Officials from the City of Santa Rosa and Calpine Corporation gathered at the Calpine Geothermal Visitors Center in Middletown on Friday, Nov. 3, to celebrate 20 years of operating the Santa Rosa Geysers Recharge Project. The event was attended by past and present members of the Santa Rosa City Council and Board of Public Utilities, Calpine Corporation officials, Santa Rosa Water staff, and Sonoma and Lake County officials and contractors involved in the project.
The $220 million project was completed in 2003 following seven years of planning and design and three years of construction. For the last two decades, this project has benefited the region by delivering recycled water from Santa Rosa Water’s Laguna Treatment Plant through the 41-mile-long pipeline to recharge Calpine’s geothermal steamfields at The Geysers, helping increase the clean energy produced. This partnership produces enough renewable electricity to power about 100,000 homes in the North Bay. The project also protects the Russian River by allowing Santa Rosa Water to beneficially reuse nearly 100% of its recycled water annually.
In the 1980s and 1990s, the City of Santa Rosa struggled to keep pace with increased flows into the Laguna Treatment Plant and comply with increased restrictions on its discharges into the Russian River. The Geysers Recharge Project was an unlikely solution to the recycled water problems the City faced, but it turned out to be an efficient and environmentally friendly solution.
“The road that we traveled to get to this point was not always a smooth one, or a flat one, to travel,” said Jennifer Burke, Director of Santa Rosa Water. “The effort to build the Geysers Project resulted from many years of public debate, City Council and Board of Public Utilities deliberations, an extensive environmental review process, and complicated and challenging design, planning, and construction efforts. The leadership in the past should be recognized for the long–term benefits of the Santa Rosa Geysers Recharge Project – it was worth the effort. Your vision and hard work made this a reality.”
Dan Galvin, the current chair of the Santa Rosa Board of Public Utilities, said, “The completion and successful operation of the Geysers Recharge Project is a testament to the value of collaboration, community involvement, and a willingness to consider every option.”
“It is easy today to be cynical about governance,” said former Santa Rosa Mayor Mike Martini, “but we are here today to celebrate a success of governance.” He lauded Calpine’s and staff’s role in the public-private partnership and called the process and the project “a blueprint for how government can work to provide solutions and not stalemate.”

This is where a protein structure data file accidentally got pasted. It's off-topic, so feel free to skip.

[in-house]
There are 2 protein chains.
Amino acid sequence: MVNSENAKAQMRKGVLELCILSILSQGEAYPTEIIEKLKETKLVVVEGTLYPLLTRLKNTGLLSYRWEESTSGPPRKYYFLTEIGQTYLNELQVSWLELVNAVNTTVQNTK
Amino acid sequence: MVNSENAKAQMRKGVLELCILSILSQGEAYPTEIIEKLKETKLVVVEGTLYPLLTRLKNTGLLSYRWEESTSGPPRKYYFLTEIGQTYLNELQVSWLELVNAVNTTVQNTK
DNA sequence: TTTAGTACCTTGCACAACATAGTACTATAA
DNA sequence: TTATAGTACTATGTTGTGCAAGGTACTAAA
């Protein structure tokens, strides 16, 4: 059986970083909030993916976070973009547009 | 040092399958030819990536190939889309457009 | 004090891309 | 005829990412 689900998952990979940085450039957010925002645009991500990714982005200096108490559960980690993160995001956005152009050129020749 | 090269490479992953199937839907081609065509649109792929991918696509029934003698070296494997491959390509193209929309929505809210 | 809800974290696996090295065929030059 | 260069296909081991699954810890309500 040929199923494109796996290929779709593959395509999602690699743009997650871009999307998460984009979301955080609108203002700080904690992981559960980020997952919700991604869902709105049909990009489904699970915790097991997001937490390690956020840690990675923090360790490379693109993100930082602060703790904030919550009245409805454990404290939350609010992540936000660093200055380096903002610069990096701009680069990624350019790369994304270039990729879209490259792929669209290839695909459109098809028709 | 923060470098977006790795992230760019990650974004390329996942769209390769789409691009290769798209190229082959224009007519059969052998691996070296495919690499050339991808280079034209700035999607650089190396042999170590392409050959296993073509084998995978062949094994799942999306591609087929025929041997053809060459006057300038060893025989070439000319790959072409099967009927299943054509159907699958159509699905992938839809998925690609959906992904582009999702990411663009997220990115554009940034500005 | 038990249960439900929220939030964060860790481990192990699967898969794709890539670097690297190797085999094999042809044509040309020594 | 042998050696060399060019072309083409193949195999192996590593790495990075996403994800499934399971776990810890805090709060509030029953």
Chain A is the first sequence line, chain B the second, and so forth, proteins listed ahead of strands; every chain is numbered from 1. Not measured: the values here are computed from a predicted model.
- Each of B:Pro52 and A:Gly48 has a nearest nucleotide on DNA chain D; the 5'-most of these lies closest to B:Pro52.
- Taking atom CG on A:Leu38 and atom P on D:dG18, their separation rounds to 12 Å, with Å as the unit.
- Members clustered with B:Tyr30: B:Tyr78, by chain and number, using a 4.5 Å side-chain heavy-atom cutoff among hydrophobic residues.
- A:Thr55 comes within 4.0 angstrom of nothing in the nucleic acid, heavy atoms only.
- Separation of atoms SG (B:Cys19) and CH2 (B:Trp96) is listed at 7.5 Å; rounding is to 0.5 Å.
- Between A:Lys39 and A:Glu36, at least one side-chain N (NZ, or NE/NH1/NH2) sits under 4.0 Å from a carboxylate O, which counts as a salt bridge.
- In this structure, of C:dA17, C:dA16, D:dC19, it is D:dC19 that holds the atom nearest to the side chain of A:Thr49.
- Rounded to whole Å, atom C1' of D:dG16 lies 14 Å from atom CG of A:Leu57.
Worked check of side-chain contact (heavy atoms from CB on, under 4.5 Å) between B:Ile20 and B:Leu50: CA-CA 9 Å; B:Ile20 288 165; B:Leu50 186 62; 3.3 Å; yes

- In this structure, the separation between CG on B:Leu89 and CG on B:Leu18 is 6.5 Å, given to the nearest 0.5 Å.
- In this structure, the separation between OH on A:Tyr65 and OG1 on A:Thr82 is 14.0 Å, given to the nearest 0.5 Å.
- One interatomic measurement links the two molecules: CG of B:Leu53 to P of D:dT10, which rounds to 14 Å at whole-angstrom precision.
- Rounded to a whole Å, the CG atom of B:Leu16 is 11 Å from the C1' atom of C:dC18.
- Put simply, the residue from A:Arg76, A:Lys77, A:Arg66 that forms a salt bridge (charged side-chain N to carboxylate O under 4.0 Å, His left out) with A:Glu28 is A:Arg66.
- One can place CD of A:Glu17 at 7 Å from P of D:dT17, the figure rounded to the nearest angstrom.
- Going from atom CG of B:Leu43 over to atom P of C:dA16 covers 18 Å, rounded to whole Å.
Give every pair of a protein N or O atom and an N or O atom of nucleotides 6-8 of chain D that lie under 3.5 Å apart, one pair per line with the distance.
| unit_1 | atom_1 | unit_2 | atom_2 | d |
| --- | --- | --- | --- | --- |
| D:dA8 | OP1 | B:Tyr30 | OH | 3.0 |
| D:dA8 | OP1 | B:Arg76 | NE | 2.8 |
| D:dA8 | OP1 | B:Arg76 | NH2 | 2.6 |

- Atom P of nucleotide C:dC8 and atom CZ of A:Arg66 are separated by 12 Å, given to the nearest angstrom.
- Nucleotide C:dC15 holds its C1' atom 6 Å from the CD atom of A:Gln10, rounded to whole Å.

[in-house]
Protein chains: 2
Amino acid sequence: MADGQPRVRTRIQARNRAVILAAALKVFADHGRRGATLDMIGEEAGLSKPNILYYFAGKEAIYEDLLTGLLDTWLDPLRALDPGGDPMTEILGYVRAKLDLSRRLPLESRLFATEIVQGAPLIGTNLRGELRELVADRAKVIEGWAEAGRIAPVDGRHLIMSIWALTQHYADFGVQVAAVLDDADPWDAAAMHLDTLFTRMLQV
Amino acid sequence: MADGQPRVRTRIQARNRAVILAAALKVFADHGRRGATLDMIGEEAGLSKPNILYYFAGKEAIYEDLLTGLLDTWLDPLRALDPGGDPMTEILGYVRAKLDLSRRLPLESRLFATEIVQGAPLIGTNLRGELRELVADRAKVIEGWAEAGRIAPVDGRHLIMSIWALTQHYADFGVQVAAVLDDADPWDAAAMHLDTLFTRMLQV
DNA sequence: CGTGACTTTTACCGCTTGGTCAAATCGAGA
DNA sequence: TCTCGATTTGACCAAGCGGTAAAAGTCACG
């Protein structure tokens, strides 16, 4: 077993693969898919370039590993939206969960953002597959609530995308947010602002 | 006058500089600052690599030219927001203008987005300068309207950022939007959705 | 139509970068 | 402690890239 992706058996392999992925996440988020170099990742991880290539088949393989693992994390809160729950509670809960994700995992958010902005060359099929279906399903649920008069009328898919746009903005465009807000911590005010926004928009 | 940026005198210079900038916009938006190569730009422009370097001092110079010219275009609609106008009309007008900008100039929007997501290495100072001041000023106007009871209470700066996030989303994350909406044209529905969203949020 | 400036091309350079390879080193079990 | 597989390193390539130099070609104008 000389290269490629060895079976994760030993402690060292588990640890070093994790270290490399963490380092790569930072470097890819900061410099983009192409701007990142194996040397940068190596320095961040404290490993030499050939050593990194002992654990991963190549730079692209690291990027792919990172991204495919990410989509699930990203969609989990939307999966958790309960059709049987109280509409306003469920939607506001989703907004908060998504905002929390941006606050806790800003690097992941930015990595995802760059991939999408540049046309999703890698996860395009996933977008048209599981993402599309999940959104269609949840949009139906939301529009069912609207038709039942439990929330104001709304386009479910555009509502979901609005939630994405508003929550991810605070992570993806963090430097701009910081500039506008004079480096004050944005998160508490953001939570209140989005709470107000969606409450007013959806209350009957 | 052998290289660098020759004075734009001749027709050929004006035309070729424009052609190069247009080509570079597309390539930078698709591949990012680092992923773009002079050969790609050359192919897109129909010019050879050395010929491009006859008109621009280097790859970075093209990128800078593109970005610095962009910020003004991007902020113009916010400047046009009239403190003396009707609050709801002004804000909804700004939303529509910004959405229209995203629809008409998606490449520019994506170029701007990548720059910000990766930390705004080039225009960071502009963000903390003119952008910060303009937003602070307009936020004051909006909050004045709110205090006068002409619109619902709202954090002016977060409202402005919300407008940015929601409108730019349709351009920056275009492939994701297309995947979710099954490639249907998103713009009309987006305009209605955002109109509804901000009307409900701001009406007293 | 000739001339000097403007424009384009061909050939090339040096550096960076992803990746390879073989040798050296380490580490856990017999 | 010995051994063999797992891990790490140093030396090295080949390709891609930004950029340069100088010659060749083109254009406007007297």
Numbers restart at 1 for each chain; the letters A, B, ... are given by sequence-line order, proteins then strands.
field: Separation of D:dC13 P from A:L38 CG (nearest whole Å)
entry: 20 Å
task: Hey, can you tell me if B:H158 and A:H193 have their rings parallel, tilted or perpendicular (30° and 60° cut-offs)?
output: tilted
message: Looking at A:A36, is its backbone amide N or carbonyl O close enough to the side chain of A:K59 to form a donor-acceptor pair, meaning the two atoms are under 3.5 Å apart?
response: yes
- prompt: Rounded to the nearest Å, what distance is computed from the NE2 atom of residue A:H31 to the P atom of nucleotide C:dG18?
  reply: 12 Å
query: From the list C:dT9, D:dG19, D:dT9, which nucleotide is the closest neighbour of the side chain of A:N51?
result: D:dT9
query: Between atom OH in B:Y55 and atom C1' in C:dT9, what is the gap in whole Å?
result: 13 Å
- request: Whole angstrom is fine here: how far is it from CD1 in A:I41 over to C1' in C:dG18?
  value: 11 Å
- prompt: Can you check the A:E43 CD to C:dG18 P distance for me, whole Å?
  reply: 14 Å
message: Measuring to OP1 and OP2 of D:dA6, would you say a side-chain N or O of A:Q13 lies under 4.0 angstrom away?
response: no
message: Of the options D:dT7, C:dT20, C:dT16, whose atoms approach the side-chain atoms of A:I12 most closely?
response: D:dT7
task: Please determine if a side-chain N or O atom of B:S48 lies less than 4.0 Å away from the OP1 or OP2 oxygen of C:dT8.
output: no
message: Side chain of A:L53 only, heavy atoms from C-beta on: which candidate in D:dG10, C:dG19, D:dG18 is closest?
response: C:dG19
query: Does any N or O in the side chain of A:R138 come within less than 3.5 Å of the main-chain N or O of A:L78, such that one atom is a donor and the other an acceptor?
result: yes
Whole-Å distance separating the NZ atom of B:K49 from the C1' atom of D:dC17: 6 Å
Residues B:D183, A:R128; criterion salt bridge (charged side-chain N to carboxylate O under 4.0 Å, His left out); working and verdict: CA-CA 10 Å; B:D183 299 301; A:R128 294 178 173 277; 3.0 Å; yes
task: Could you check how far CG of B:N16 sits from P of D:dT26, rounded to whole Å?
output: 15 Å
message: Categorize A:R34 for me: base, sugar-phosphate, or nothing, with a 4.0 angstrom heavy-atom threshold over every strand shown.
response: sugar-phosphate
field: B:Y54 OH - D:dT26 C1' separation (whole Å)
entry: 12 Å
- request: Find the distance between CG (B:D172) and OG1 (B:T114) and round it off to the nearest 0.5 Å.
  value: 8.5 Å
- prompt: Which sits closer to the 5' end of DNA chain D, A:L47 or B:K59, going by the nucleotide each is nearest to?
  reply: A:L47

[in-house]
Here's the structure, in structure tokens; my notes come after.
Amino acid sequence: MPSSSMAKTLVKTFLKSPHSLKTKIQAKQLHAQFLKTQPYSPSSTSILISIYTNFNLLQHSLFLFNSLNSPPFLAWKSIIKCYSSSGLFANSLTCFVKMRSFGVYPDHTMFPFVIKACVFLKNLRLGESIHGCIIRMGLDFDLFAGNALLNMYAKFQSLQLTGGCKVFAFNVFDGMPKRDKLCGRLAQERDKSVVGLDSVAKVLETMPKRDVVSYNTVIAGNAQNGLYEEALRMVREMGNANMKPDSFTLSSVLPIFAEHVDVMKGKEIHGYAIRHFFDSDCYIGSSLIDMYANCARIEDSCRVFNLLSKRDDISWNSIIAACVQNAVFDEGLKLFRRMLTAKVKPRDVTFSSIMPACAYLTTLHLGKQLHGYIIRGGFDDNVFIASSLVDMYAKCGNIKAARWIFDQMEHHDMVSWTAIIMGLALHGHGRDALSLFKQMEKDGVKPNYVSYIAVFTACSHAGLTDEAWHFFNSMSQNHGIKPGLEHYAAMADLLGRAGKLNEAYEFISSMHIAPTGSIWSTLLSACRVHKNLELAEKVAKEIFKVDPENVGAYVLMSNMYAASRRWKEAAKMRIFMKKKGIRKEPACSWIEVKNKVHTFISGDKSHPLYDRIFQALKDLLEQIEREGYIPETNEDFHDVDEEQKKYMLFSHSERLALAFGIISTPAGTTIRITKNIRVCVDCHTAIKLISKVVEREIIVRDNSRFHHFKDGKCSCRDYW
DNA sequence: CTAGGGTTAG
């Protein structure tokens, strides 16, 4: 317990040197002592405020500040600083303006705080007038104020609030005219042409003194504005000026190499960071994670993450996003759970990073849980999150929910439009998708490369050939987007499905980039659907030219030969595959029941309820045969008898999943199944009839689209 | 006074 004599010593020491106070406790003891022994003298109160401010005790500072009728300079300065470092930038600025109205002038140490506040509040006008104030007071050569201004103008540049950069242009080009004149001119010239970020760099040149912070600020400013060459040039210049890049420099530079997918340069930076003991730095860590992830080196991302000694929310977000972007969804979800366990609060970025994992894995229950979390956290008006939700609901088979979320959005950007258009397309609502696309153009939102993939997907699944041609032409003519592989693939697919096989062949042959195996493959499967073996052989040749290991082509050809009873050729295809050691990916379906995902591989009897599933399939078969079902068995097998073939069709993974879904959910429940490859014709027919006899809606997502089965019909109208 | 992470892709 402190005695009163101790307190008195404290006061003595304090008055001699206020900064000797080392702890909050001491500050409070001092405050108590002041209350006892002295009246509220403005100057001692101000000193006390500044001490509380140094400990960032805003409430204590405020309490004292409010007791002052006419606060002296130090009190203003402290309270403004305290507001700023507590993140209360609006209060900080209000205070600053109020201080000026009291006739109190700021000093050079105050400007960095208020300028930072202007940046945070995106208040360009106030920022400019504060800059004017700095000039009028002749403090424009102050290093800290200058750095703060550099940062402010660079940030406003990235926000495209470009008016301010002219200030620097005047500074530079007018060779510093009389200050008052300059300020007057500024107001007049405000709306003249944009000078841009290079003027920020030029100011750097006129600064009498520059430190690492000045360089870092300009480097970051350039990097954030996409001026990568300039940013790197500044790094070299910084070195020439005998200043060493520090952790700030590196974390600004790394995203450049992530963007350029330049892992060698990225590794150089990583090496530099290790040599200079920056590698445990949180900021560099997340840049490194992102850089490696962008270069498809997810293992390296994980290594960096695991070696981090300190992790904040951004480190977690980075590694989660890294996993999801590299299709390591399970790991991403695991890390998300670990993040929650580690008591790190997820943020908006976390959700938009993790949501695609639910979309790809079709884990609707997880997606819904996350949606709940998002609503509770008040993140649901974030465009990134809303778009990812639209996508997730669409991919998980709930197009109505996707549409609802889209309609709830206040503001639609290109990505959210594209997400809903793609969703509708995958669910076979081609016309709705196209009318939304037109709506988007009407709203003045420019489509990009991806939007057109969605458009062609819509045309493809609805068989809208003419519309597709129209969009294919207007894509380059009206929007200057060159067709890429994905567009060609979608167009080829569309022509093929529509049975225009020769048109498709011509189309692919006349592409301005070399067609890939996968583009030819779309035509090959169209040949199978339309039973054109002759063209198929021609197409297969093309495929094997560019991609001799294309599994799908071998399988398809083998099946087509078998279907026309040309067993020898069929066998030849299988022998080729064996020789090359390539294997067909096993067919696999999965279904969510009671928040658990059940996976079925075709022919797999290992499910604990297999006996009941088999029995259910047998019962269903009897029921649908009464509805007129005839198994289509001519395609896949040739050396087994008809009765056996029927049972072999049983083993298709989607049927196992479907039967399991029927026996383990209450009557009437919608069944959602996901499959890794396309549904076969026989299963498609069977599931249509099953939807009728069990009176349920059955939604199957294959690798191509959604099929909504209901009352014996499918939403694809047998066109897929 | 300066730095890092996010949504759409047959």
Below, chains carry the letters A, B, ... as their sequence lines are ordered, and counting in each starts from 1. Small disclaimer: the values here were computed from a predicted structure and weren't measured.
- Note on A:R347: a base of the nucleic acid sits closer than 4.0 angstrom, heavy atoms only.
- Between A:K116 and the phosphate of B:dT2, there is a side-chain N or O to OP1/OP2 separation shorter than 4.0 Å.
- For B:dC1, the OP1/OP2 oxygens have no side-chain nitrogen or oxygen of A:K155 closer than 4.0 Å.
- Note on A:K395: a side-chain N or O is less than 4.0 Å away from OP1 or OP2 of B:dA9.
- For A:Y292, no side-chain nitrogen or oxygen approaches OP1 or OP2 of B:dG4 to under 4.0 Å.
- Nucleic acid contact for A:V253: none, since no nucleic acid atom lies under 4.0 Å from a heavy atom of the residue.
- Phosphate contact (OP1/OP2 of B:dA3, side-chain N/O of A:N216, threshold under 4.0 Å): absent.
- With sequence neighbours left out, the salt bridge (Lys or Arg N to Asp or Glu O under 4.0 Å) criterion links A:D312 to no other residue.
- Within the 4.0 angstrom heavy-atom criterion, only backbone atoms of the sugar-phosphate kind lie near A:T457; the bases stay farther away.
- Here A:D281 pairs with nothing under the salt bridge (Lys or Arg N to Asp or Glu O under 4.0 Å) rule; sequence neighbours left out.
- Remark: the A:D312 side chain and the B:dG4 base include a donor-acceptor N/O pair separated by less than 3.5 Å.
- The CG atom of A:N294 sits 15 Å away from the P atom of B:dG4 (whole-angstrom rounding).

Rob Parker, Vice President of Geothermal Operations with Calpine Corporation, said the partnership with the City of Santa Rosa is sustaining the power production of The Geysers as a valued renewable resource for California. “It is the lowest cost, weather-independent, water reuse option for Santa Rosa and its Regional Partners. Through this long-term mutually beneficial partnership, geothermal production at The Geysers continues to power the region with around-the-clock clean, renewable, and reliable electricity.”
Dick Dowd, former Chair of the Board of Public Utilities, noted that the Geysers Recharge Project came about after many years of studies, hearings, and decisions. “That process resulted in the decision to pursue what was the largest capital project in Santa Rosa history, a $220 million investment by Santa Rosa and its regional partners, that solved a decades-long environmental problem, protects the Russian River habitat and produces clean energy,” he said. “Twenty years after its completion, the Santa Rosa Geysers Recharge Project remains a unique solution to what was a vexing problem.”
The project entailed extensive public engagement, handled by Mark Millan, founder of Data Instincts, a public outreach and communications firm in Windsor. Millan and his team interacted with the public throughout the project, addressing concerns related to easements, right-of-way issues, and traffic control. He gave credit to former Santa Rosa City Manager Ed Brauner, who was in attendance. Millan said Brauner provided the type of leadership that helped the project to succeed: “Ed Brauner set the tone for us all; he provided the guiding mission.”
Speakers at the event included Jennifer Burke, Director of Santa Rosa Water; Rob Parker, Vice President Calpine Corporation; Santa Rosa City Councilmember Mark Stapp; Current Board of Public Utilities Chair Dan Galvin; Mike Prinz, Deputy Director Water Reuse Operations at Santa Rosa Water; Chris Schofield, Senior Director of Asset Management at Calpine Corporation; Dick Dowd, retired Chair of the Board of Public Utilities; Ross Liscum, Century 21 real estate and former Board of Public Utilities member; Mike Martini, GM Taft Street Winery and former City of Santa Rosa Councilmember and Mayor, Mark Millan, the founder and principal of Data Instincts, and Tim Conant, Director of Engineering for Calpine Corporation. Guests at the event also toured Calpine’s Geothermal Operations at The Geysers.